Patent Citations
Cited PatentFiling datePublication dateApplicantTitle
US4613959 *Jan 6, 1984Sep 23, 1986Thomson Components-Mostek CorportionZero power CMOS redundancy circuit
US4818904 *Jan 13, 1988Apr 4, 1989Mitsubishi Denki Kabushiki KaishaPower on reset pulse generating circuit sensitive to rise time of the power supply
US4837520 *Nov 12, 1987Jun 6, 1989Honeywell Inc.Fuse status detection circuit
US5051691 *Sep 13, 1990Sep 24, 1991Samsung Semiconductor, Inc.Zero power dissipation laser fuse signature circuit for redundancy in vlsi design
US5151614 *Jul 3, 1991Sep 29, 1992Mitsubishi Denki Kabushiki KaishaCircuit having charge compensation and an operation method of the same
US5315177 *Mar 12, 1993May 24, 1994Micron Semiconductor, Inc.One time programmable fully-testable programmable logic device with zero power and anti-fuse cell architecture
US5440246 *Mar 22, 1994Aug 8, 1995Mosel Vitelic, IncorporatedProgrammable circuit with fusible latch
US5457656 *Aug 17, 1994Oct 10, 1995United Microelectronics Corp.Zero static power memory device redundancy circuitry
Referenced by
Citing PatentFiling datePublication dateApplicantTitle
US5999038 *Sep 24, 1998Dec 7, 1999Atmel CorporationFuse circuit having zero power draw for partially blown condition
US6055173 *Jul 11, 1997Apr 25, 2000Micron Technology, Inc.Circuit for programming antifuse bits
US6130834 *Mar 23, 1999Oct 10, 2000Micron Technology, Inc.Circuit for programming antifuse bits
US6147546 *Mar 30, 1998Nov 14, 2000International Business Machines CorporationZero volt/zero current fuse arrangement
US6191641Feb 23, 1999Feb 20, 2001Clear Logic, Inc.Zero power fuse circuit using subthreshold conduction
US6445605 *Aug 10, 2000Sep 3, 2002Micron Technology, Inc.Circuit for programming antifuse bits
US6566968Dec 12, 2000May 20, 2003Broadcom CorporationOscillator having multi-phase complementary outputs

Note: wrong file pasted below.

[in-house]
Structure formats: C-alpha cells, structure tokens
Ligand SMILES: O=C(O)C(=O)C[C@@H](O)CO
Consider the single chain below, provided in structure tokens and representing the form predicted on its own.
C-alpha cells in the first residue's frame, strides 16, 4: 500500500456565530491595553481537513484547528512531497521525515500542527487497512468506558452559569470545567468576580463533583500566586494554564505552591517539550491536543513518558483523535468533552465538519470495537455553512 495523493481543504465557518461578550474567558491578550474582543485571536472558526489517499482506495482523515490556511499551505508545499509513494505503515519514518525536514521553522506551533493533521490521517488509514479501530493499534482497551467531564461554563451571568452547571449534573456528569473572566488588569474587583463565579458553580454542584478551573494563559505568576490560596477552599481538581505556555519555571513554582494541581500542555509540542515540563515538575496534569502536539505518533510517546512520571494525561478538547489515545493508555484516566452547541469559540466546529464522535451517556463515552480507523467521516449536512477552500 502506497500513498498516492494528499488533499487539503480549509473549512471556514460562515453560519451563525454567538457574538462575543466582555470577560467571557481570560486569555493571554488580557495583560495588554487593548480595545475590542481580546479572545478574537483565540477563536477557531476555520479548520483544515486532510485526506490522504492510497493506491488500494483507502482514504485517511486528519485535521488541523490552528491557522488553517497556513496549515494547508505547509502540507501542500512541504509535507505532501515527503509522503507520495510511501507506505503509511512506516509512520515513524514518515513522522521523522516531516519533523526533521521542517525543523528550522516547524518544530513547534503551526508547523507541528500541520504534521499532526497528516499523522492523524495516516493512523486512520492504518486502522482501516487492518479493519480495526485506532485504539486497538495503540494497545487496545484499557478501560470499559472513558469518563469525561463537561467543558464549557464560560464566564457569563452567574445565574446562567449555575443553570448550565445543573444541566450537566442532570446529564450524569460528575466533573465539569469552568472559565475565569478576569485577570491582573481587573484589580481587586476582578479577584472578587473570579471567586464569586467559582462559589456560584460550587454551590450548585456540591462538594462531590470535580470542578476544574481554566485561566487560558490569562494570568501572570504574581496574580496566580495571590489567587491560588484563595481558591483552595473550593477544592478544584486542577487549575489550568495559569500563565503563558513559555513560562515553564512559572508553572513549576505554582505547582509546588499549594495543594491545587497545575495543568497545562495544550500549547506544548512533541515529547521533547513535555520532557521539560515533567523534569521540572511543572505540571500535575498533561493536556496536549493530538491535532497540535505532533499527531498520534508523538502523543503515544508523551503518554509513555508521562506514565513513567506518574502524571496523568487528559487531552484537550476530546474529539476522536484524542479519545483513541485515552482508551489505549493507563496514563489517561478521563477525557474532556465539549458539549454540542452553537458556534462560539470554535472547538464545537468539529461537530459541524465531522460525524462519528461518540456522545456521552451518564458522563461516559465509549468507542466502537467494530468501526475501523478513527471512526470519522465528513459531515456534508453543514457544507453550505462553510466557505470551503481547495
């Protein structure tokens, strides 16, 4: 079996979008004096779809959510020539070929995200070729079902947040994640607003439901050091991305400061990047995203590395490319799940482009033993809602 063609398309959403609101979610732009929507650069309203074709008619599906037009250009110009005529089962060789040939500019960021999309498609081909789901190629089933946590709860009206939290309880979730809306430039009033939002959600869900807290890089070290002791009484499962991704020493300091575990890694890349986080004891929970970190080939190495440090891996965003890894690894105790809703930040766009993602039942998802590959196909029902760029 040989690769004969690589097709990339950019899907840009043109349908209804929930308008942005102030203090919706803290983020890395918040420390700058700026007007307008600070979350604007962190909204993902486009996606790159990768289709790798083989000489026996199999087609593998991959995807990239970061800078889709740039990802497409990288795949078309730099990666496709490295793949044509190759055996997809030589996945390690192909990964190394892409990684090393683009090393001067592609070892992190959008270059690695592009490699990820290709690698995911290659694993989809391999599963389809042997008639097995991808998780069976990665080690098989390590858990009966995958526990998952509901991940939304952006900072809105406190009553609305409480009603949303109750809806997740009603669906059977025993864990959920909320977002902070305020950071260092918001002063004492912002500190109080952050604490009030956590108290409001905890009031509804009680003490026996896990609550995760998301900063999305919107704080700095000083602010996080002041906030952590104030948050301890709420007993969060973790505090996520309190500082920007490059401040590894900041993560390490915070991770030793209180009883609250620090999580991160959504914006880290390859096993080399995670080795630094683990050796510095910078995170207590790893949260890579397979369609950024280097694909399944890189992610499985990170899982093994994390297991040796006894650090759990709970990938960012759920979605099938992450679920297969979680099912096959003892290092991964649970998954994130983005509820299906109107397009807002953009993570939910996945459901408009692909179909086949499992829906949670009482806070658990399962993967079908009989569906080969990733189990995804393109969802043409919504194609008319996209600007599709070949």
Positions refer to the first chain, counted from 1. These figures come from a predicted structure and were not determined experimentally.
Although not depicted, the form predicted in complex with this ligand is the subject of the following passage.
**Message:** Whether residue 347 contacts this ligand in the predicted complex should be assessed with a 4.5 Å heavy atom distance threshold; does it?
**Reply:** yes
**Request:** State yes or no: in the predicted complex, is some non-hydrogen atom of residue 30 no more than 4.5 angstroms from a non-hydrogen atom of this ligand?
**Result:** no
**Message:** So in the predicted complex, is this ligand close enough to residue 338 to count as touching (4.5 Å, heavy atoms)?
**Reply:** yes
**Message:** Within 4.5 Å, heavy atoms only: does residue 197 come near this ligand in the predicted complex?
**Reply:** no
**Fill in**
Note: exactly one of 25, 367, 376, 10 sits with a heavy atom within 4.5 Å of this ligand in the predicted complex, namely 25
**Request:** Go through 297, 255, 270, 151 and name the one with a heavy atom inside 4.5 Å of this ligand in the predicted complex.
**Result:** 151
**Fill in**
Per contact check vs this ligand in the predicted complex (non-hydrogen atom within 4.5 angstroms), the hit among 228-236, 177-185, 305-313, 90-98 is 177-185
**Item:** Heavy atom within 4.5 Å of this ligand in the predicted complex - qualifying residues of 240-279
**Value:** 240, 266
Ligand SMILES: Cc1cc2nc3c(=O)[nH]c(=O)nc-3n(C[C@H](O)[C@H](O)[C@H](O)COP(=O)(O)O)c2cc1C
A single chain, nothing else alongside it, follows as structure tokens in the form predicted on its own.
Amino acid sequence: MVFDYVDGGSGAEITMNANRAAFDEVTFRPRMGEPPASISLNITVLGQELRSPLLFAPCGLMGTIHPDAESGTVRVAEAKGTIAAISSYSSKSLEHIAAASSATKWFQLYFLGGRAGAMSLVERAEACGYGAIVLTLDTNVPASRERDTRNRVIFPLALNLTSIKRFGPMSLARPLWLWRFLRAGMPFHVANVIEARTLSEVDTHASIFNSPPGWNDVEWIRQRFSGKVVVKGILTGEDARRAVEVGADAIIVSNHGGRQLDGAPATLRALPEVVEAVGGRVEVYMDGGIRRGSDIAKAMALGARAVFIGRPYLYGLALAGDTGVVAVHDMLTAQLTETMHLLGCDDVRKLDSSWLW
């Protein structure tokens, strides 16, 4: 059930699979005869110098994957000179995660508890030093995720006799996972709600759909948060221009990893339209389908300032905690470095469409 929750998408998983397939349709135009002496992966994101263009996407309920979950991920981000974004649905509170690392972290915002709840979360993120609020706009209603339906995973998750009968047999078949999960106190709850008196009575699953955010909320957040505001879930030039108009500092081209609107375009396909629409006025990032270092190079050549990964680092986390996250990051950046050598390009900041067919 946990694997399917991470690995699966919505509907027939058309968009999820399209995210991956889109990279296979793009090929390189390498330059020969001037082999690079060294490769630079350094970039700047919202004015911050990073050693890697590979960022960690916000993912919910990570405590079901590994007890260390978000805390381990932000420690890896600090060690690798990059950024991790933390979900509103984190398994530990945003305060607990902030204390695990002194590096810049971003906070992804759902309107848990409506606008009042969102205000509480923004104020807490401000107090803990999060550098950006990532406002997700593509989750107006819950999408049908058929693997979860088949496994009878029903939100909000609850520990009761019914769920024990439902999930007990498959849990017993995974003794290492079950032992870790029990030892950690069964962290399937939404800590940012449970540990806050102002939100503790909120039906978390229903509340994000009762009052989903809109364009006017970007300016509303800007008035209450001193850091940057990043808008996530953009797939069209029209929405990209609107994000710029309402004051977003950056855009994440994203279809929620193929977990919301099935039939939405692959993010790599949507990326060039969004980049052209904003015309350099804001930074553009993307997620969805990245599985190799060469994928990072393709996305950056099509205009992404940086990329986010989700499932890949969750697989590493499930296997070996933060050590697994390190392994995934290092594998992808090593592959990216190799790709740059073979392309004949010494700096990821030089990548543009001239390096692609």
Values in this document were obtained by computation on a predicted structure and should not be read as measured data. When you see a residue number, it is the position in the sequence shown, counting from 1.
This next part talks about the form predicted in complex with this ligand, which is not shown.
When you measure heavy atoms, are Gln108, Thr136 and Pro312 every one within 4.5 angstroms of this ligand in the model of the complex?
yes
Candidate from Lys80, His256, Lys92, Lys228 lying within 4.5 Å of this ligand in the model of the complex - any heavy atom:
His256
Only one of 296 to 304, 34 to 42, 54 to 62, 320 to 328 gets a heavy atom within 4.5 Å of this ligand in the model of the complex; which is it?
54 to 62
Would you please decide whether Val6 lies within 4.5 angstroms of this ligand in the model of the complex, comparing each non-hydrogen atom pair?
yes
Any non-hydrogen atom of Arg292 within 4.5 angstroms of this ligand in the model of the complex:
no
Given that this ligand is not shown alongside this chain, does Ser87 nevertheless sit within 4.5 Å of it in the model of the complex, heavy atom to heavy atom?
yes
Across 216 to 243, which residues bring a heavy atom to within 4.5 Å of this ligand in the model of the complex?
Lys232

US6781437Jun 19, 2003Aug 24, 2004Infineon Technologies AktiengesellschaftZero static power programmable fuse cell for integrated circuits
US6826071Mar 15, 2002Nov 30, 2004Micron Technology, Inc.Circuit for programming antifuse bits
US6839298Jul 11, 2001Jan 4, 2005Infineon Technologies AktiengesellschaftZero static power fuse cell for integrated circuits
US6850451Jun 18, 2003Feb 1, 2005Infineon Technologies AktiengesellschaftZero static power fuse for integrated circuits
US6870431Jan 31, 2003Mar 22, 2005Broadcom CorporationOscillator having multi-phase complementary outputs
US6903991Jun 24, 2002Jun 7, 2005Micron Technology, Inc.Circuit for programming antifuse bits
US6995620Feb 3, 2005Feb 7, 2006Broadcom CorporationOscillator having multi-phase complementary outputs
EP1123556A1 *Jun 15, 1999Aug 16, 2001Atmel CorporationFuse circuit having zero power draw for partially blown condition
WO2000017902A1 *Jun 15, 1999Mar 30, 2000Atmel CorpFuse circuit having zero power draw for partially blown condition
WO2001043274A2 *Dec 12, 2000Jun 14, 2001Morteza Cyrus AfghahiOscillator having multi-phase complementary outputs
Classifications
U.S. Classification327/525, 327/526
International ClassificationH03K3/356, H01L21/82, G11C29/04, H01L21/8238, H01L27/092
Cooperative ClassificationH03K3/356182, H03K3/356008
European ClassificationH03K3/356G6, H03K3/356C
Legal Events
DateCodeEventDescription
Jan 3, 2014ASAssignment
Free format text: PATENT SECURITY AGREEMENT;ASSIGNOR:ATMEL CORPORATION;REEL/FRAME:031912/0173
Effective date: 20131206
Owner name: MORGAN STANLEY SENIOR FUNDING, INC. AS ADMINISTRAT
Sep 24, 2009FPAYFee payment
Year of fee payment: 12
May 9, 2005FPAYFee payment
Year of fee payment: 8
Jul 23, 2001FPAYFee payment
Year of fee payment: 4
Sep 22, 1999ASAssignment
Owner name: ATMEL CORPORATION, CALIFORNIA
Free format text: ASSIGNMENT OF ASSIGNORS INTEREST;ASSIGNOR:ATMEL CORPORATION;REEL/FRAME:010231/0283
Effective date: 19990913
Jun 30, 1998CCCertificate of correction
Nov 12, 1996ASAssignment
Owner name: ATMEL CORPORATION, CALIFORNIA
Free format text: ASSIGNMENT OF ASSIGNORS INTEREST;ASSIGNORS:PATHAK, JAGDISH;PAYNE, JAMES E.;PATHAK, SAROJ;REEL/FRAME:008216/0813;SIGNING DATES FROM 19960910 TO 19961001